A few weeks back, as a way of celebrating the launch of the new Writing projects on crowdSPRING, we invited the entire community to submit their best work to be published as a guest post on the cS blog. We received over 70 entries, including tons of really great submissions, and ideas on some really fantastic topics. We’re very proud to present the winning entry in it’s entirety here. Enjoy this post by Josh Tavlin…
The world of advertising is full of taglines that stink to high heaven. I should know. As a Creative Director at a Global Advertising Agency, I’ve had to bear witness to some of the emptiest, word-playiest pieces of jetsam the industry has to offer.
And even then, there are levels of bad. There are the taglines that are so misguided they make you run from the brand screaming. There are the taglines that are so boring you barely even notice them. And there are the taglines that are so grating you wish someone would gouge your eyes out so you didn’t have to see them ever again. How do you avoid producing one of these rotting corpses? Check the checklist below for some answers…
1) How long is it? That’s too long. Keep it short. As information gets processed faster, attention spans are getting shorter. “Just do it.” Three words. “Got Milk.” Two words. “Yo Quiero Taco Bell.” Four words and half of it is the friggin company name! Say it fast and get the hell out.
2) Does it sound like a cliché? The world doesn’t need more, “Designed for You” or “Simply The Best” taglines. They’re boring, say absolutely nothing — basically a complete waste of ink.
3) Does the tagline capture an emotion? I’ve always loved “We’ll Leave The Light On For Ya” for Motel 6. It’s like a warm embrace, and it says volumes about the company behind it. A tagline should capture a feeling or emotion; if it doesn’t, it’ll only graze your audiences’ skull, not penetrate it.
4) Does it embrace a “truth?” “Get Met. It Pays,” set MetLife apart from other insurance companies by getting to the heart of what customers want. Sure, it’s nice if insurance companies come across as a warm bosom in your time of need, but when your house has burned to the ground, you need fast money, not a fast bosom. MetLife knew this and owned it.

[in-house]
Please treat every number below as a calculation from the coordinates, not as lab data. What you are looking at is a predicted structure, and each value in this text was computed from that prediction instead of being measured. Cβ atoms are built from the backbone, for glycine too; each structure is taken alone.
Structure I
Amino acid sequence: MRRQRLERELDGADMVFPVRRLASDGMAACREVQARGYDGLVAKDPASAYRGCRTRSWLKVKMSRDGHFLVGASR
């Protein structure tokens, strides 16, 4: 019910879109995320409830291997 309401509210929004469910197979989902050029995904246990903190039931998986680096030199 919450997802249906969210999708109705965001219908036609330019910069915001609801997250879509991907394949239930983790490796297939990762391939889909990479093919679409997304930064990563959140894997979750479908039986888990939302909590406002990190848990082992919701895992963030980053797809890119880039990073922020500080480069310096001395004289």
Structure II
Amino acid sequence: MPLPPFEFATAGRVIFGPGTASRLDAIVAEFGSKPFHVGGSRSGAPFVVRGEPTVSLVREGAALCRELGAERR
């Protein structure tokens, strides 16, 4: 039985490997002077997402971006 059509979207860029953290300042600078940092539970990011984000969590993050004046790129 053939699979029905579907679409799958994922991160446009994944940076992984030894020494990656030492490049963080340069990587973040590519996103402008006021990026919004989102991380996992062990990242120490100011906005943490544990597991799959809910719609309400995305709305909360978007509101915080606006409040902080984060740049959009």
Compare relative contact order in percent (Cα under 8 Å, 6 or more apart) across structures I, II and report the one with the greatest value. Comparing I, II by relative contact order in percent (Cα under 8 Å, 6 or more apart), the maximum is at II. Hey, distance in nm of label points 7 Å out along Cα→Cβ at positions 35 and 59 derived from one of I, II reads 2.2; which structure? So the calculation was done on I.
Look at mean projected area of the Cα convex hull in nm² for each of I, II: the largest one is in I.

5) Will it resonate with your audience? I’m not sure what the U.S. Army was thinking when they ran, “Some of Our Best Men are Women,” but it clearly forgot how to talk to its largely uber macho audience. Then again, I’m sure the transsexual community was thrilled with it.
6) Is the only reason you like the tagline because it rhymes? If the answer is yup, rip it right up. If it’s actually saying something, like “Takes a Licking and Keeps on Ticking,” for Timex, that’s different. The Timex rhyme takes a great idea and makes it more fun and memorable.
7) Is what you’re saying credible? Does it ring true coming from you? Volvo had “A Car You Can Believe In” years ago when the company was all about safety. It was totally credible coming from a car company that made tank-like sedans. And then the ad agency faked a safety-themed commercial and poof, tagline go bye-bye. Same with AIG and their tagline, “We Know Money.” One minute it’s credible. The next minute, “We Know Handcuffs” would be more appropriate.
8 ) Is the wordplay the best part? Please say no. If I see one more “We make taxes less taxing” tagline for a CPA I may lose it.
9) Can it be defined by the changing tastes of your customer? Great taglines are malleable enough to change with the zeitgeist. The more dynamic it is, the better. “This Bud’s For You,” can be applied to something a person might’ve done in the 1970’s or today. It’s a toast to anyone for anything. (And again, how beautiful is four words, including the name of the product?!)
10) Is it corporate-speak or does it sound like a human might’ve written it? Exxon’s “We’re Exxon,” is about as thought provoking as a bag of manure. (Also a fossil fuel, I might add.)
Naturally, creativity isn’t formulaic. The best ones come from being in touch with your audience; from knowing your brand; and from staying up late and writing till your fingers ache. So if you follow these guidelines, I can’t say you you’ll hit a home run. But I can pretty much guarantee you won’t produce crap.
Josh Tavlin is a Sr. V.P., Group Creative Director at a New York ad agency and an Adjunct Professor at the Pratt Institute. And if he has written a crappy tagline, he?s not talking.
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